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"Comparing nanoparticle risk perceptions to other known EHS risks"
Authors: David M. Berube, Christopher L. Cummings, Jordan H. Frith, Andrew R. Binder, North Carolina State University; Robert Oldendick, University of South Carolina
Published: Forthcoming, Journal of Nanoparticle Research
Abstract: Over the last decade social scientific researchers have examined how the public perceives risks associated with nanotechnology. The body of literature that has emerged has been methodologically diverse. The findings have confirmed that some publics perceive nanotechnology as riskier than others, experts feel nanotechnology is less risky than the public does, and despite risks the public is optimistic about nanotechnology development. However, the extant literature on nanotechnology and risk suffers from sometimes widely divergent findings and has failed to provide a detailed picture of how the public actually feels about nanotechnology risks when compared to other risks. This study addresses the deficiencies in the literature by providing a comparative approach to gauging nanotechnology risks. The findings show that the public does not fear nanotechnology compared to other risks. Out of 24 risks presented to the participants, nanotechnology ranked 19th in terms of overall risk and 20th in terms of "high risk."
A new study finds that the general public thinks getting a suntan poses a greater public health risk than nanotechnology or other nanoparticle applications. The study, from North Carolina State University, compared survey respondents' perceived risk of nanoparticles with 23 other public-health risks.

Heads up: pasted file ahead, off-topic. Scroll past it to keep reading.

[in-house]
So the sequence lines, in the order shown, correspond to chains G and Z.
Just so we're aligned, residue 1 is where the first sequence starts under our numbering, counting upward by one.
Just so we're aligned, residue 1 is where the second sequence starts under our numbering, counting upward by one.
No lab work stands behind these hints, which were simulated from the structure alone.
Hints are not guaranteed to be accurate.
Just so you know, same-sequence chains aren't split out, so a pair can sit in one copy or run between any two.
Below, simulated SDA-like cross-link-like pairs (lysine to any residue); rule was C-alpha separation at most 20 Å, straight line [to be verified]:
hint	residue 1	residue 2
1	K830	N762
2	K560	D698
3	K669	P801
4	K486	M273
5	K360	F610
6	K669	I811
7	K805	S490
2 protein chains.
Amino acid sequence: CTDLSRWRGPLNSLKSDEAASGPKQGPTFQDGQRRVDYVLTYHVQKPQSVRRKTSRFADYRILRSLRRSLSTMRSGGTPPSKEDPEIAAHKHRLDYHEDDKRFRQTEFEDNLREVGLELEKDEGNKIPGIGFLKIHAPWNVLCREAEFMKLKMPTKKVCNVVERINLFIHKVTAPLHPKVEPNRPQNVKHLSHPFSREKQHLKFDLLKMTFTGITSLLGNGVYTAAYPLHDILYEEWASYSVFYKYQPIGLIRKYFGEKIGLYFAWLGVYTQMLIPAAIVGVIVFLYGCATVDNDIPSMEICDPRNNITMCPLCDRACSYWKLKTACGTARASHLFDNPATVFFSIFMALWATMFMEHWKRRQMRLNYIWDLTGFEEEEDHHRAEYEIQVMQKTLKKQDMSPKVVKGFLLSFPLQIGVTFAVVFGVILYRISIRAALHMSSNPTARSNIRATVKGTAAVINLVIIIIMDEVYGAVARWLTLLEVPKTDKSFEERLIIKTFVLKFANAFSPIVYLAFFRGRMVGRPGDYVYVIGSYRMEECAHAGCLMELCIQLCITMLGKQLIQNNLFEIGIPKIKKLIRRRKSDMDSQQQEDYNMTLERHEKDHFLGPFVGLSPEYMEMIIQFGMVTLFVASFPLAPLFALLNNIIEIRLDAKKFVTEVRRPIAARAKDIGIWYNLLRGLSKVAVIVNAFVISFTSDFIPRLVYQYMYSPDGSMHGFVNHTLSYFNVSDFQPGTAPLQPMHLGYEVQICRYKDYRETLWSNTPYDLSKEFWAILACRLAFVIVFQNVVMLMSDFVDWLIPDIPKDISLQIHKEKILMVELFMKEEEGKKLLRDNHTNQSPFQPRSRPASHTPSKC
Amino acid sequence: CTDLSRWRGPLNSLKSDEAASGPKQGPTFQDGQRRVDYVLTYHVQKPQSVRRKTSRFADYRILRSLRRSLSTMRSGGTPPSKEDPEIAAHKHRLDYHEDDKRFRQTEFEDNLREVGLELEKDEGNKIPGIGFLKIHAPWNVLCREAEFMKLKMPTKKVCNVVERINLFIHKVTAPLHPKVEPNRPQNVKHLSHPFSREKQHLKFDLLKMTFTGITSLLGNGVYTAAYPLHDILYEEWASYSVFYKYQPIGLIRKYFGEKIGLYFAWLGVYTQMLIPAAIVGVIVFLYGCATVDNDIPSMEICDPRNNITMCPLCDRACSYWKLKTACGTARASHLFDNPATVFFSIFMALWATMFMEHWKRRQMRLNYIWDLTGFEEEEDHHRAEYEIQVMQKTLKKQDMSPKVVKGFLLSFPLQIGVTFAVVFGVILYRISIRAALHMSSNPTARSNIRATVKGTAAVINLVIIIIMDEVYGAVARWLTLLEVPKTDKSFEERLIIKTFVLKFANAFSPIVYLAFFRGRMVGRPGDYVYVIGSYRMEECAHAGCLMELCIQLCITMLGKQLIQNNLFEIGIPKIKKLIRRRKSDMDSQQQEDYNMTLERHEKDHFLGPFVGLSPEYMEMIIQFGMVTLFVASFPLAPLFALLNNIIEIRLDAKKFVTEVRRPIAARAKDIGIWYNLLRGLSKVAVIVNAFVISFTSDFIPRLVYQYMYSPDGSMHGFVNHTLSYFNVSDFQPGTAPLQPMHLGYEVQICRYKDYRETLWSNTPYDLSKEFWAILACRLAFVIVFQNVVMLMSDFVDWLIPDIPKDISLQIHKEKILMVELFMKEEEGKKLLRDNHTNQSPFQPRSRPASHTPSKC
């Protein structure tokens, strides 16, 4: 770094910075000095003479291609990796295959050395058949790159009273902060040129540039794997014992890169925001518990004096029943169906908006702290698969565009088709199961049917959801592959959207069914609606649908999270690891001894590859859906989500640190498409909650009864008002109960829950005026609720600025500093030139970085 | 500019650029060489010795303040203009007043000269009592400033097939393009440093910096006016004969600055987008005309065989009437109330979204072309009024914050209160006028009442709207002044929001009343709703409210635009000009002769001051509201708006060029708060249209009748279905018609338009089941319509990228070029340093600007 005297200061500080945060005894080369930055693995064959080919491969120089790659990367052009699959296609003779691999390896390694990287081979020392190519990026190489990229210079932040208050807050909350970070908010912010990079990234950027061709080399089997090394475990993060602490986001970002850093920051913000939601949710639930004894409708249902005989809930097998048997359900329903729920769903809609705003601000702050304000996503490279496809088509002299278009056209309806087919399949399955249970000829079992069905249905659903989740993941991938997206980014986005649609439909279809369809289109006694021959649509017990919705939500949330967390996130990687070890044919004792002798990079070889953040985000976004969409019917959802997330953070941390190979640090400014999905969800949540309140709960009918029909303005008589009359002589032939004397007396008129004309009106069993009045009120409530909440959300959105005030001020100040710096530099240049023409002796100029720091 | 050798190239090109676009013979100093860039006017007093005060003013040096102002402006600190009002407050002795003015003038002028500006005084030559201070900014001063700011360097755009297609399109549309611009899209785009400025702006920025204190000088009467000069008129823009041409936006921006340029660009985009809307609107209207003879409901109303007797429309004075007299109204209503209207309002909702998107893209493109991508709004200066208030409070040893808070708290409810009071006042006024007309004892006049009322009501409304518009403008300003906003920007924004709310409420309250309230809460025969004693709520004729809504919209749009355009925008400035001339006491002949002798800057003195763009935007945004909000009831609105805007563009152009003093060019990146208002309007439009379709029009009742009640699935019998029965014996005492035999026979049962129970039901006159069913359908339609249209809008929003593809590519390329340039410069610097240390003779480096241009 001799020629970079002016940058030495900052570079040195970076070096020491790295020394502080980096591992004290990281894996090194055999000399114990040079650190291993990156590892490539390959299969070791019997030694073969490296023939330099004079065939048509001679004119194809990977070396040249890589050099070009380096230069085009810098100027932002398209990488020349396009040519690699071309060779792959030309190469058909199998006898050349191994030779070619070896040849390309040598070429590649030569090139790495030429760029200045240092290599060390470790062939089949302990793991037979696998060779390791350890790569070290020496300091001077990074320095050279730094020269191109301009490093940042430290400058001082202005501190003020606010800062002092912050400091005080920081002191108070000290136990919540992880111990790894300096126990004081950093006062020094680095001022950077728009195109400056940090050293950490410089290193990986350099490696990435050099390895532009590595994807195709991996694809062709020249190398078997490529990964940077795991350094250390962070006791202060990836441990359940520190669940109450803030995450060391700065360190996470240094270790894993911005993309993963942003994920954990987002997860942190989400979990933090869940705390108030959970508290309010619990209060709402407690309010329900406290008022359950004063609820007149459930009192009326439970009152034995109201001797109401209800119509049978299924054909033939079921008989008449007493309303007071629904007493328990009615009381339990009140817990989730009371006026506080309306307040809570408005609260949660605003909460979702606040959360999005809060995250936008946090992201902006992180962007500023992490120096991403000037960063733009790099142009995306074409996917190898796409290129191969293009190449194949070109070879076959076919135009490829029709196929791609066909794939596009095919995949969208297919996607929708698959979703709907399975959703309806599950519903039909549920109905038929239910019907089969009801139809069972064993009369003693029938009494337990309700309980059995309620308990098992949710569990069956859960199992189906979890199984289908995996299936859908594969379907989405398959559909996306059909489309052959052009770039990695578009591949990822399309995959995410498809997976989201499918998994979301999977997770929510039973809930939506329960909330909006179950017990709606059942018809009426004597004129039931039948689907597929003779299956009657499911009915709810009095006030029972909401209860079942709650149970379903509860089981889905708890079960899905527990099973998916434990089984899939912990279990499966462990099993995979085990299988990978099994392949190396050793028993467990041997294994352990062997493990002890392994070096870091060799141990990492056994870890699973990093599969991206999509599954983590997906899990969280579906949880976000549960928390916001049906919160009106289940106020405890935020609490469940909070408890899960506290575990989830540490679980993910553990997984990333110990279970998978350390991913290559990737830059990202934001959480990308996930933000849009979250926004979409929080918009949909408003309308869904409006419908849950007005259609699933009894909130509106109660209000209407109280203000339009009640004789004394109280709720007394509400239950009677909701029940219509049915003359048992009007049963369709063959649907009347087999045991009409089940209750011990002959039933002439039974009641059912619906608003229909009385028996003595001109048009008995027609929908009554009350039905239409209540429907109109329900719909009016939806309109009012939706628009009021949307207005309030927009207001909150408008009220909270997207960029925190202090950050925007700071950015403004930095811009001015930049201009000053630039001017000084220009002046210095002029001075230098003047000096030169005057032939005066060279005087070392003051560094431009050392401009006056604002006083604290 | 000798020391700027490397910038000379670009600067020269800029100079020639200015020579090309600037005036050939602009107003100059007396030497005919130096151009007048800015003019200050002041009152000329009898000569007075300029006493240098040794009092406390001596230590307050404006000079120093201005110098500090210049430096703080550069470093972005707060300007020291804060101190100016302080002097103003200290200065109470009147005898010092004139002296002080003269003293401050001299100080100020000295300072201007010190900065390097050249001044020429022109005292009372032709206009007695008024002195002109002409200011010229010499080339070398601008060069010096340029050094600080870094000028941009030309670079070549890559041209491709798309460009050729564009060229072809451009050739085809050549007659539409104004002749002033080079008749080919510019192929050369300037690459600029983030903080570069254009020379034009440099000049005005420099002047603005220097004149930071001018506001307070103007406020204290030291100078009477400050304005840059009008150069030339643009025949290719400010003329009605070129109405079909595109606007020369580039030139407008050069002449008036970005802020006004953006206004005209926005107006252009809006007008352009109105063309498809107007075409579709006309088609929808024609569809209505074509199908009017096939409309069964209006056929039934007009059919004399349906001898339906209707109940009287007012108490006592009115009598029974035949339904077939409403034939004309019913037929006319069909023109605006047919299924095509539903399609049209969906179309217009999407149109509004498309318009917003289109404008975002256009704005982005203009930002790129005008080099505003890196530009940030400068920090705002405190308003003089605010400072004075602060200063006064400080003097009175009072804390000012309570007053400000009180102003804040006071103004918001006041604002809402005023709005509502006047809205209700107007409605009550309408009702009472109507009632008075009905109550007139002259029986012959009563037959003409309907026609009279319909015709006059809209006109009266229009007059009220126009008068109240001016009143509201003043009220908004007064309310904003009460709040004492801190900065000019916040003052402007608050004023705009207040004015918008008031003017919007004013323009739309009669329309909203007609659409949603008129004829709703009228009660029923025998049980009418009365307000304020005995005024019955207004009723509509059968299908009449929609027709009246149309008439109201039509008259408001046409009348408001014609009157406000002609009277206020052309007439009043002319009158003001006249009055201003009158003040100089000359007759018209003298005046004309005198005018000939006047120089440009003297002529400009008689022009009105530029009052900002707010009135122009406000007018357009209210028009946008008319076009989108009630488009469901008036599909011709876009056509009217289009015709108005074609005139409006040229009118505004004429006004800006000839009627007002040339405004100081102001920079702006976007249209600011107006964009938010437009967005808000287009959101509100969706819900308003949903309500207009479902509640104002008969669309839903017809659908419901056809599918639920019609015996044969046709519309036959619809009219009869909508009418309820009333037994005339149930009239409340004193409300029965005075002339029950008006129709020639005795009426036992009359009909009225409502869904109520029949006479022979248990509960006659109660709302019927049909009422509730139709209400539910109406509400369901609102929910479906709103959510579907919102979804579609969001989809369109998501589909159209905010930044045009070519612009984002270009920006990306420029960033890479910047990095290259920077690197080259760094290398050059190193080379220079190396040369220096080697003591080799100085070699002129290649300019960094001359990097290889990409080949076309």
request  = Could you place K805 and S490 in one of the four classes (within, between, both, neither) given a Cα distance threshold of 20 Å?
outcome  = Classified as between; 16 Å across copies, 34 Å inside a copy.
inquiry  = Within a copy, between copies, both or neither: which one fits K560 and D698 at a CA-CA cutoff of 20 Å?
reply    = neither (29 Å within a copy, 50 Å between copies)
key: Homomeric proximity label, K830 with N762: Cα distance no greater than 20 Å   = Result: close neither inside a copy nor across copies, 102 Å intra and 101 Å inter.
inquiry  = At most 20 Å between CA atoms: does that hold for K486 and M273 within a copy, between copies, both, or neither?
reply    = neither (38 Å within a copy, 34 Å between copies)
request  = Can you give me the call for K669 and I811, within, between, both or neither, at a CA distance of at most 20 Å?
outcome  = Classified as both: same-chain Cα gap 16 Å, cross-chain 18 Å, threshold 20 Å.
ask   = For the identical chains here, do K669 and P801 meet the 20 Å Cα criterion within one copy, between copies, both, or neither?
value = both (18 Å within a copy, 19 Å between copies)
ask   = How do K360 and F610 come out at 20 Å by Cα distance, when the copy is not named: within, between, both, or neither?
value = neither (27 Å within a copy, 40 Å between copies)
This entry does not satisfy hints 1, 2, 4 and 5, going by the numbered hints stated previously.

The study is the first to compare the public's perception of the risks associated with nanoparticles to other environmental and health safety risks. Researchers found that nanoparticles are perceived as being a relatively low risk.
"For example, 19 of the other public-health risks were perceived as more hazardous, including suntanning and drinking alcohol," says Dr. Andrew Binder, an assistant professor of communication at NC State and co-author of a paper describing the study. "The only things viewed as less risky were cell-phone use, blood transfusions, commercial air travel and medical X-rays."
In fact, 60 percent of respondents felt that nanoparticles posed either no health risk or only a slight health risk.
In the study, researchers asked a nationally representative panel of 307 people a battery of questions about how risky they believe nanoparticles are compared to 23 other public health risks - such as obesity, smoking, using cell phones and nuclear energy.
Policy implications of these findings could be substantial given the concerns expressed by proponents and opponents of nanotechnology that the public is wary of its environmental health and safety dangers. "The findings suggest just the opposite," says Dr. David Berube, professor of communication at NC State and lead author of the study. "While it remains unclear whether nanoparticles are safe, they are not a major concern among the general public."
The paper, "Comparing nanoparticle risk perceptions to other known EHS risks," is forthcoming from the Journal of Nanoparticle Research. The paper was co-authored by Berube and Binder; Jordan Frith and Christopher Cummings, Ph.D. students at NC State; and Dr. Robert Oldendick of the University of South Carolina. The research was funded by the National Science Foundation.
NC State's Department of Communication is part of the university's College of Humanities and Social Sciences.
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Dr. David Berube
Dr. Andrew Binder
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